American Conservatism

(Part 2)


Present American conservatism embodies the beliefs of Kirk in one way or another. However, American Conservatism has also come to embody several uniquely American ideas. Perhaps most unique to American conservatism is the idea that the individual and individual achievement are the most important aspects of society. In other words government programs designed to better society as a whole, and assist the lives of individuals are not necessarily effective measures to advance the growth of people in a society. Americans reflect this in the widespread opposition to such things as welfare and socialized medicine in the United States.

The present state of American Conservatism has applied a similar concept of individuality to the states. Unlike the Federalist that favored a strong central government, today’s conservatives favor states rights. The Reagan administration went even further enacting a policy of devolution.

In addition, but not wholly unique to American conservatism is the extent to which Judeo-Christian religion and morality play a role in the adoption of beliefs. These Beliefs have come to represent a major part of American conservatism. Issues of abortion, gay rights, sexual education, the death penalty, and an array of others have come to have positions that are embraced by American conservatism. For instance, conservatives have readily accepted the pro-life movement as well as the protection of marriage on religious grounds.

Although they share many of the fundamental aspects of conservative ideology, American conservatism and British conservatism have some very striking contrast. Important to American conservatism is the idea that the individual and individual achievements are the most important aspects of society. While British conservatism due to their roots in nobility, tend to embody the values of noblesse oblige, or the responsibility of the elite to the less fortunate. They also do not oppose state intervention in the economy (Hauss 75). This conflict could be a major factor in the downfall of British Prime Minister Margaret Thatcher. Thatcher practiced a much more American form of Conservatism drastically decreasing government involvement in business, to the dismay of traditional British conservatives.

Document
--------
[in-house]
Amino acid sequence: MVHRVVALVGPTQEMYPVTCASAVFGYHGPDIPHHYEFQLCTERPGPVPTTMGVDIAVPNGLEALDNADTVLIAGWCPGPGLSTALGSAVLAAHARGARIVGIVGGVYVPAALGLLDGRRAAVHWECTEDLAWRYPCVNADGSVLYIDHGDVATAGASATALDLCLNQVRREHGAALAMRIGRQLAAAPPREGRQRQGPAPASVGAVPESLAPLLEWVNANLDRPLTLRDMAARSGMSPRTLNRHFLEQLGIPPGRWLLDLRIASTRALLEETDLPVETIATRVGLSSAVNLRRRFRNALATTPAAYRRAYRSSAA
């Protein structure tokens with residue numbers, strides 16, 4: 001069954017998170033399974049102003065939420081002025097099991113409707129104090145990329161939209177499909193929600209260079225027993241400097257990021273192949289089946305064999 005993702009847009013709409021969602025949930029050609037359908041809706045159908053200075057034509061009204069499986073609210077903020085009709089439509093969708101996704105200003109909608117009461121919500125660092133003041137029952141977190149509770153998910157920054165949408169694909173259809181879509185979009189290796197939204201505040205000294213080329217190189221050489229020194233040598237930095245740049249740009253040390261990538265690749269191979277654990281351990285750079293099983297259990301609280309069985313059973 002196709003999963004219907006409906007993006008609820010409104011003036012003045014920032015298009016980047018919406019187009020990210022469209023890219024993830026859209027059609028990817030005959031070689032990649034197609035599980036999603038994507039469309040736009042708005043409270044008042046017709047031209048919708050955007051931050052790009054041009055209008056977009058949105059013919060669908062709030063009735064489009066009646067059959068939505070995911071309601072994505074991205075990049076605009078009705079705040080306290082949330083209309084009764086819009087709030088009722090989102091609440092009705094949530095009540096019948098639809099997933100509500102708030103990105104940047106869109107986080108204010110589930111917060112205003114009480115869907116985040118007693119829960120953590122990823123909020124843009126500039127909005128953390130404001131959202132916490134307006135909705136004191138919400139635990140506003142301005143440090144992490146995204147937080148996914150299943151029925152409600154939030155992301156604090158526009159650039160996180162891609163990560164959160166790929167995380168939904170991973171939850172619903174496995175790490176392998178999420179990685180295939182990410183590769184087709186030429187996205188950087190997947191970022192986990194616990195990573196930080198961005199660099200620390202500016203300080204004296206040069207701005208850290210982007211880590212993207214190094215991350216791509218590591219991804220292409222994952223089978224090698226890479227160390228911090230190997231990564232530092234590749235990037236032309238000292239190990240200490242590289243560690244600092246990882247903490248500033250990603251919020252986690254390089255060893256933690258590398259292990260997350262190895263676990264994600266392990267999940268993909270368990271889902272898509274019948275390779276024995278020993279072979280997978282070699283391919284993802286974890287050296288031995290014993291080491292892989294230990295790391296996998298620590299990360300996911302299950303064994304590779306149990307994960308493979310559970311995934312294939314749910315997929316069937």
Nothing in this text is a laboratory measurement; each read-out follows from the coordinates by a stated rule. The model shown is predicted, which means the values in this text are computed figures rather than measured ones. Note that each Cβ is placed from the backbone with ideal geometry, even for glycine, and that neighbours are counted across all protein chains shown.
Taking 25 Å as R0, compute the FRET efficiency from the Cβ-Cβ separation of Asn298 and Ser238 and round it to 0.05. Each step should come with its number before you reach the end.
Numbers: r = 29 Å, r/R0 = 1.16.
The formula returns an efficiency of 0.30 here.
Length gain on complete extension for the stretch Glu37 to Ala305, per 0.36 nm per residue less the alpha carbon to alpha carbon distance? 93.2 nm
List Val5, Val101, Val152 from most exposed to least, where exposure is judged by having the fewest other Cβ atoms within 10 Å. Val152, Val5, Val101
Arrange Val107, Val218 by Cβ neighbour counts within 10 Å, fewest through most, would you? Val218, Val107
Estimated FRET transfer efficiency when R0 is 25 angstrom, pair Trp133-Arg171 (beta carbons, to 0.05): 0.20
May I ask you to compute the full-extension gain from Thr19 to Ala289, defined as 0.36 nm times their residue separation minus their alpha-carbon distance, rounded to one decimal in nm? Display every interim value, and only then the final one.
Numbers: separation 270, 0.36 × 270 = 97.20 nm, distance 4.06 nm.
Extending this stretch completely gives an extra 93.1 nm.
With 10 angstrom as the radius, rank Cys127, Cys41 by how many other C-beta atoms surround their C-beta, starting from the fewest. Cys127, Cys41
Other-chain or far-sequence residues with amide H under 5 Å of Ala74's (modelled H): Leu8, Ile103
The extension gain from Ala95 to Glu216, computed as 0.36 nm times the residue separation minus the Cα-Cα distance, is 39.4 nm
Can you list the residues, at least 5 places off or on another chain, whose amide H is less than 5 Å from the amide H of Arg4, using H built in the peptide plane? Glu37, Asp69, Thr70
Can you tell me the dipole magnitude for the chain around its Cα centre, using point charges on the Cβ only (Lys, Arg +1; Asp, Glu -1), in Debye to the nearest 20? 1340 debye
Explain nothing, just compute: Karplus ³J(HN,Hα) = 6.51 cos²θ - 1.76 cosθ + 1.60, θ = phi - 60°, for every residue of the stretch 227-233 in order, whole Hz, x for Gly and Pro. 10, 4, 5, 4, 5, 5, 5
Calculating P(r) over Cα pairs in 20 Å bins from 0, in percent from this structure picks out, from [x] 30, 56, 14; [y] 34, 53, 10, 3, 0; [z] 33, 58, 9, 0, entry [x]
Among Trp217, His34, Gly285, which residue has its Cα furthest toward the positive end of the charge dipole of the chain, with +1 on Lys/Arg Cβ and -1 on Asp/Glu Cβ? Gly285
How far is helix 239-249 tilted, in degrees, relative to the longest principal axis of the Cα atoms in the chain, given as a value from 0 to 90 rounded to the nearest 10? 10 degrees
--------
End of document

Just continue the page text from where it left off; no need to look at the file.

Although Republicans control the entire National Government, conservatism is on the decline. While they are a more conservative party, Republicans have moved more to the center and have accepted the existence of several social programs that defy the most basic conservative tenets. This is a draw back of the two party system in which compromise must be made in order to form a viable political party. In that case, one may say the Republicans have been successful, yet they have only been so at the cost of their conservative ideology. Although it is also viable to say that since the Republican Party is the only major outlet for conservatism, conservatism has been relatively successful. The Republican Party will continue to evolve but will likely be the major source of conservatism in America for years to come. Hence as the Republican Party evolves American Conservatism will evolve.


Works Cited


Hauss, Charles. Comparative Politics: Domestic Responses to Global Challenges.

Belmont, CA: Thomson Wadsworth, 2003.

Kirk, Russell. The Conservative Mind: From Burke to Eliot. Washington, D.C: Regnery

Publishing Inc, 2001.



American Conservatism